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Production Function of a Dressmaking Firm: How much labor should the firm employ and what is the resulting output and profit?

Making dresses is a labor-intensive process. Indeed, the production function of a dressmaking firm is well described by the equation Q=L-L^2/800, where Q denotes the number of dresses per week and L is the the number of labor hours per week. The firm's additional cost of hiring an extra hour of labor is about $20 per hour (wage plus fringe benefits). The firm faces the fixed selling price P=$40.

How much labor should the firm employ? What is its resulting output and profit?

Over the next two years, labor costs are expected to be unchanged, but the dress prices are expected to increase to $50. What affects will this have on the firm's optimal output? Explain. Suppose instead that inflation is expected to increase the firm's labor cost and output price by identical (percentage) amounts. What effect would this have the firm's output?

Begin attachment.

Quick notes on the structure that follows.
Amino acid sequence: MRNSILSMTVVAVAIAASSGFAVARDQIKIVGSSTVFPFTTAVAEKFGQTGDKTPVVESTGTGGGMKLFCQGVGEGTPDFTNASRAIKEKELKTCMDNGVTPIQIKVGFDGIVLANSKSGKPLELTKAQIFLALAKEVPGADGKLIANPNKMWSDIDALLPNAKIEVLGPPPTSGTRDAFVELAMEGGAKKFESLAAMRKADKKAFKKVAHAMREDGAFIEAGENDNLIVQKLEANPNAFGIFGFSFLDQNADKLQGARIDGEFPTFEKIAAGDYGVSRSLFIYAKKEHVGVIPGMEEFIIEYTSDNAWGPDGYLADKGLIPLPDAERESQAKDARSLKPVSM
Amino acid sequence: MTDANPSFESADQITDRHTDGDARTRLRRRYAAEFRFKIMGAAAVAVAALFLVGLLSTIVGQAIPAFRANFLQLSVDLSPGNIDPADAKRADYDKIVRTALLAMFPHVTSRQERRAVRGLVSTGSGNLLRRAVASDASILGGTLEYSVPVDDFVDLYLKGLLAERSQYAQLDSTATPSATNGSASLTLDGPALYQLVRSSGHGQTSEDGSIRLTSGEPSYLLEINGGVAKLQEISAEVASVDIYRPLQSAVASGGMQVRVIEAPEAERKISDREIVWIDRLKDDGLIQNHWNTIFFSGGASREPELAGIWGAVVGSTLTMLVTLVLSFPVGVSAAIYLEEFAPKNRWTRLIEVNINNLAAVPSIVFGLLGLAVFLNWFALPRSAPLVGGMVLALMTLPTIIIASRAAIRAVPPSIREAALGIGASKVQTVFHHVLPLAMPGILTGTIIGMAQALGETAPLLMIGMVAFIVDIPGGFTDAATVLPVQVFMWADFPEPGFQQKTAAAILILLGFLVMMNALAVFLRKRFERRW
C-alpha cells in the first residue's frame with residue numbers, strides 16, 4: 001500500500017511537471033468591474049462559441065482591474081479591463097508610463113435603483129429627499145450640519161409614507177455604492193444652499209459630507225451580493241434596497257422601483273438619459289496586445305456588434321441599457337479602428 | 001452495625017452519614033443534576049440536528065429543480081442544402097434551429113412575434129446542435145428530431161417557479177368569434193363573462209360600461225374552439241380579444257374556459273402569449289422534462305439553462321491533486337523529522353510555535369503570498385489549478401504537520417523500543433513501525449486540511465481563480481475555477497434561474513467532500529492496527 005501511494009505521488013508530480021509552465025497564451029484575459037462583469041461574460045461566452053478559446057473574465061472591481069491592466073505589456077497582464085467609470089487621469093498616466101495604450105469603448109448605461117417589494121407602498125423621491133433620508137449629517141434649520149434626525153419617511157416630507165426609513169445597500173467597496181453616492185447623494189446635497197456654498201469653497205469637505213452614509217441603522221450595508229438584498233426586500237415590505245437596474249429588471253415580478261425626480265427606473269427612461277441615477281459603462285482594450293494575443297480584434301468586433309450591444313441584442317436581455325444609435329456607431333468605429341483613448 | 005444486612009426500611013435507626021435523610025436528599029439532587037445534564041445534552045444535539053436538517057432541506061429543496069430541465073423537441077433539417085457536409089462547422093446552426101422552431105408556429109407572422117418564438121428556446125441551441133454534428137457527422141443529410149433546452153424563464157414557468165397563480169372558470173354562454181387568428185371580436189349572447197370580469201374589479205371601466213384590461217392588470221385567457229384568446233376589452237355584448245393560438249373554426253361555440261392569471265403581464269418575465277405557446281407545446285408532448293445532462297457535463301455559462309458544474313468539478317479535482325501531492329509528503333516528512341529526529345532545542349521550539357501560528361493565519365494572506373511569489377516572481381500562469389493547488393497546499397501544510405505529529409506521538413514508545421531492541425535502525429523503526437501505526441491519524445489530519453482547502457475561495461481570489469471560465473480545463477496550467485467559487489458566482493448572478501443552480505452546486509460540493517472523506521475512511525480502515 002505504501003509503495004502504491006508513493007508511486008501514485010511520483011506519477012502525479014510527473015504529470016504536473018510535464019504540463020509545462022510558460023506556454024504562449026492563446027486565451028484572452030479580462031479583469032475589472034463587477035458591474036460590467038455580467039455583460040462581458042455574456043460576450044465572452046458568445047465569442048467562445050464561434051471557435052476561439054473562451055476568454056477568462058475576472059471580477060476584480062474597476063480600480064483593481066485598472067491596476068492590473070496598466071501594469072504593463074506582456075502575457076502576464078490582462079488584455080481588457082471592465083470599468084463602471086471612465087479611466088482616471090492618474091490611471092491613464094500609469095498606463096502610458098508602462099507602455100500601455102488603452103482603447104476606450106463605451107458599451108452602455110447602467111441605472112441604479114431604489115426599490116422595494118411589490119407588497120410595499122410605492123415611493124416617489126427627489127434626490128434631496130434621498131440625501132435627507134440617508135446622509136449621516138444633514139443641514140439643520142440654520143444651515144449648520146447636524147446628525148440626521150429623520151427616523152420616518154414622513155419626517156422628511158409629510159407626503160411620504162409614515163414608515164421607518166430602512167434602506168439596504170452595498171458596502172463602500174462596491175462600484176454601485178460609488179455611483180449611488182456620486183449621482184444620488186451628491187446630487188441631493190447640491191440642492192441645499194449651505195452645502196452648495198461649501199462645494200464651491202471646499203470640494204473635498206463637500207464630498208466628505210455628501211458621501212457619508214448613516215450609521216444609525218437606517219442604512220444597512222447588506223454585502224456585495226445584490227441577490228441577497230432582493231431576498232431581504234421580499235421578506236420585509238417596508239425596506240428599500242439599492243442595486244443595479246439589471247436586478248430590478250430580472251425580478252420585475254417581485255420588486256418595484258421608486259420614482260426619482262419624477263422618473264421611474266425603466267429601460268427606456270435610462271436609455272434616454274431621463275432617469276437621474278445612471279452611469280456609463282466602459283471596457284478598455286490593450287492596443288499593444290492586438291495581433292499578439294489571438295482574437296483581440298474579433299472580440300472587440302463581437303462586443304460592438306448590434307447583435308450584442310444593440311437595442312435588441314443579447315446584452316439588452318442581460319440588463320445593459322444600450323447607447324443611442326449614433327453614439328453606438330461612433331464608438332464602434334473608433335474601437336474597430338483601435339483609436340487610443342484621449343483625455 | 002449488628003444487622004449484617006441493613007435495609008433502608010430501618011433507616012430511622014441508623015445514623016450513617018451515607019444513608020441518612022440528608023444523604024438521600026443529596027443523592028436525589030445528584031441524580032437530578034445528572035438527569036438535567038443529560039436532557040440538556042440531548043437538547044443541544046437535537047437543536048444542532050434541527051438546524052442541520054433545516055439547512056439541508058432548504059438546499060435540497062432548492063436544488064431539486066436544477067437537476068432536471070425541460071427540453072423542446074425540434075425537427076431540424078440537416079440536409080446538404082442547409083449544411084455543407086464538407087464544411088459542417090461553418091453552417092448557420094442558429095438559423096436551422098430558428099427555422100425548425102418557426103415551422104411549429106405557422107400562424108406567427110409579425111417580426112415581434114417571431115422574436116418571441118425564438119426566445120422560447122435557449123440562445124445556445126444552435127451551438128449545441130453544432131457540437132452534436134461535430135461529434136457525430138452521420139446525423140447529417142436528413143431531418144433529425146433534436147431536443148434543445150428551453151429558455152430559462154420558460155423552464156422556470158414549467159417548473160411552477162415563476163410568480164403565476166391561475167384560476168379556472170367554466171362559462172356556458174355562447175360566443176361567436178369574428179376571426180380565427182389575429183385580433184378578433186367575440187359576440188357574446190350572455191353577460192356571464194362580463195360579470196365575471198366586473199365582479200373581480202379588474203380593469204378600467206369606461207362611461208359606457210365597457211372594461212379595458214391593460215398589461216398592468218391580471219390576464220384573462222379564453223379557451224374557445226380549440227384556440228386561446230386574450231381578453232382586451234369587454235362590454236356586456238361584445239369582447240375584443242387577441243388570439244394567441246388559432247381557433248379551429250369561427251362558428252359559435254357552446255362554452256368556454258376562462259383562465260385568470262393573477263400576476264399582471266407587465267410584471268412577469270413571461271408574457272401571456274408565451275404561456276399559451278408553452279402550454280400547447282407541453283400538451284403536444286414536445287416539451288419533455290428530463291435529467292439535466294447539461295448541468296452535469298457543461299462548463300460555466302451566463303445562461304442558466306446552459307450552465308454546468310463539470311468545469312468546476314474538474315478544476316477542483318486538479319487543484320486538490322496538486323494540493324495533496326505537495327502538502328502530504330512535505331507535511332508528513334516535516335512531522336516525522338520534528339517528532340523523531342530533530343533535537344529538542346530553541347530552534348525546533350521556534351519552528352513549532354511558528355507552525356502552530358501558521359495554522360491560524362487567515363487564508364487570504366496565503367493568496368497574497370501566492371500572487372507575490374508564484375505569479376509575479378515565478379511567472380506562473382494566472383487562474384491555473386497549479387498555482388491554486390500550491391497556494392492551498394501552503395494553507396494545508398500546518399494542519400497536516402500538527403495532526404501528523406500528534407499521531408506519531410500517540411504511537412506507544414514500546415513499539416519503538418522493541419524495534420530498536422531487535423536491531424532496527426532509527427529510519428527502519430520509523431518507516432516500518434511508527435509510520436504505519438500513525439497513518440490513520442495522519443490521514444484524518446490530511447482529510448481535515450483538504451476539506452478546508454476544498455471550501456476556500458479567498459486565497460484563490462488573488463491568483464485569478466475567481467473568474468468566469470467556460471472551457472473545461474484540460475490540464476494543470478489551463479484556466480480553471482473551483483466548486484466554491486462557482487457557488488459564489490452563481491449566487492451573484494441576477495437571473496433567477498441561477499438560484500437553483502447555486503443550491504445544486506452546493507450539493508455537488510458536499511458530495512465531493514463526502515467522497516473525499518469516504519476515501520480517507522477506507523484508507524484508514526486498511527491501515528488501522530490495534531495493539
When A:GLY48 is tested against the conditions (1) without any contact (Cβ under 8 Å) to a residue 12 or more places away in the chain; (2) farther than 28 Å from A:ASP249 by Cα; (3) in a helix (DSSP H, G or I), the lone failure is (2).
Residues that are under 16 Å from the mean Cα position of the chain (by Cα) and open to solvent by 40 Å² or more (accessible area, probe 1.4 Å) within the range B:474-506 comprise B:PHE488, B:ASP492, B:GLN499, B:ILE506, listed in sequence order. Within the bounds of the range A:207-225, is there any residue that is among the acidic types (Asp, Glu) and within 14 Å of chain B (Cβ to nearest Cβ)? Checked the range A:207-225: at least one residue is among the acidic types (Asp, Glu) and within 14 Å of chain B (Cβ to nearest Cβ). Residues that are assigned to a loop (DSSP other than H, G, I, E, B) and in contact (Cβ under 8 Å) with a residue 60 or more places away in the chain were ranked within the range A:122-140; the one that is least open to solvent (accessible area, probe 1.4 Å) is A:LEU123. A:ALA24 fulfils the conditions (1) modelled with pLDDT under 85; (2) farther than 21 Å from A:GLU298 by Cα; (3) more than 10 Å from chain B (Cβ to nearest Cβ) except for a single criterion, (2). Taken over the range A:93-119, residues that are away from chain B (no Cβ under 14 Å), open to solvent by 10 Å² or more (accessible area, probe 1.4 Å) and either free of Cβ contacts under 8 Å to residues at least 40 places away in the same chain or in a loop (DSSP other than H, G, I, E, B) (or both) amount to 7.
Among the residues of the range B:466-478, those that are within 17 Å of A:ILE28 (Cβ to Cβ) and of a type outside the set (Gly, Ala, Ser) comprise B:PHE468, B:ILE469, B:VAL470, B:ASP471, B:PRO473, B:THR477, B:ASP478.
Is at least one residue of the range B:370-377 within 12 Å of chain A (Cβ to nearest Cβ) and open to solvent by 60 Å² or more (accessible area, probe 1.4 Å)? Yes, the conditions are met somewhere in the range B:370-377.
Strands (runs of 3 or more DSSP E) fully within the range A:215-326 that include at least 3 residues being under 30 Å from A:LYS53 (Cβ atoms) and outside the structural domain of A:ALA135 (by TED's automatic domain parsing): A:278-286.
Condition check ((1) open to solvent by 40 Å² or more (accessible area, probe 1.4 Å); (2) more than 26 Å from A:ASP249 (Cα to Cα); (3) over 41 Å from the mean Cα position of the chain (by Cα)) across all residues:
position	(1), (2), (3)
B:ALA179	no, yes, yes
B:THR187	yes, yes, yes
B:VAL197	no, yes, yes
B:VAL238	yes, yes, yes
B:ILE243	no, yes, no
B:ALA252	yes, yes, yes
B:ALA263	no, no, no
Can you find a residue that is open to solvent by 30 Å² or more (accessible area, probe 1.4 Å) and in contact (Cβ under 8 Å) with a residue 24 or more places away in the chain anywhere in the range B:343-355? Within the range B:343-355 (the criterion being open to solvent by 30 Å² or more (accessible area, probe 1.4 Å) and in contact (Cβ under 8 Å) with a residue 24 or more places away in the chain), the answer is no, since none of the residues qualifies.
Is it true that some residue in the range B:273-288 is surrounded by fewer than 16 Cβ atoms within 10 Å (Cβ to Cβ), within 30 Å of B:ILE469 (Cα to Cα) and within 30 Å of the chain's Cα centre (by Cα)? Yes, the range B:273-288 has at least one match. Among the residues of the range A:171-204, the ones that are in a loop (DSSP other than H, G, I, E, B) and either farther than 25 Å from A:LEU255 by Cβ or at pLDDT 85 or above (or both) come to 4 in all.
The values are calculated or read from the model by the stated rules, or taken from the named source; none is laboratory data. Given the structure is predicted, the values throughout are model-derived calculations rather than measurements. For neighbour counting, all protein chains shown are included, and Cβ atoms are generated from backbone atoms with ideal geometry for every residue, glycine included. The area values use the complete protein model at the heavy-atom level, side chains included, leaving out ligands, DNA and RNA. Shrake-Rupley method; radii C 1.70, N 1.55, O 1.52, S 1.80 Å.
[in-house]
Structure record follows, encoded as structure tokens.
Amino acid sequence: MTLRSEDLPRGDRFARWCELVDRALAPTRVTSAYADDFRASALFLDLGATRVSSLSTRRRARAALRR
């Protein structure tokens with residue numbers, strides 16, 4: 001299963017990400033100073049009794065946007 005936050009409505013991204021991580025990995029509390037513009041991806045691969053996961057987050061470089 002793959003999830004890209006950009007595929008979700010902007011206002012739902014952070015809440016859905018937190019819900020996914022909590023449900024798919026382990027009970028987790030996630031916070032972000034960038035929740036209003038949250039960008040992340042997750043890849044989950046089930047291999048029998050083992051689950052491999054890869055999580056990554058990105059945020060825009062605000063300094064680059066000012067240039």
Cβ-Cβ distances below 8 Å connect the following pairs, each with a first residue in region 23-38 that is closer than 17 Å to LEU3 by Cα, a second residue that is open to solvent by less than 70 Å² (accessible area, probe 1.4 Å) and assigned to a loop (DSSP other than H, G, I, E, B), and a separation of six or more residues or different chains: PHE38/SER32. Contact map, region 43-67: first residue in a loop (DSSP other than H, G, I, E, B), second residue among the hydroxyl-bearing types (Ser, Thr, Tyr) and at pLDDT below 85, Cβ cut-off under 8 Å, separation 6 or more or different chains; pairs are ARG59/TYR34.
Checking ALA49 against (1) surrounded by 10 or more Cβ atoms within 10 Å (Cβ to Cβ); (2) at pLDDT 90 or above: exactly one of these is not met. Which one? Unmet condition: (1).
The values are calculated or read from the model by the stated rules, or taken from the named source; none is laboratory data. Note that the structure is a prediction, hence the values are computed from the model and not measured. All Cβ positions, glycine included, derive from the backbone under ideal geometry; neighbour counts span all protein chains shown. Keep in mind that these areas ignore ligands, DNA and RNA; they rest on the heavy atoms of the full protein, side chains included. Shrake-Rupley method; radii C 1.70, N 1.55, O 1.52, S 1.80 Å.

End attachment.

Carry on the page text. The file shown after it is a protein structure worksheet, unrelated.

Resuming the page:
Finally, suppose once again that MCL=$20 and P=$50 but that labor productivity (i.e. output per labor hour) is expected to increase by 25 percent over the next five years. What effect would have this on the firm's optimal output? Explain.

Solution Preview

How much labor should the firm employ? What is its resulting output and profit?

Q=L-L^2/800
Marginal Product of labor=MP=dQ/dL=1-L/400
Marginal Revenue of labor=MP*Price=(1-L/400)*40=40-L/10
Marginal Cost of labor=20 per hour
For optimal level of output, Put Marginal Cost equal to Marginal Revenue of labor
40-L/10=20
L/10=20
L=200 hours
Total output at L=200 hours=200-200^2/800=150 units
Total revenue=Price*optimal output=40*150=$6000
Total cost=L*wage rate=200*20=$4000
Profit=6000-4000=$2000

Over the next two years, labor costs are expected to ...

Solution Summary

This complete solution provides step-by-step calculations to find optimal level of input, resulting output and profits in various situations.

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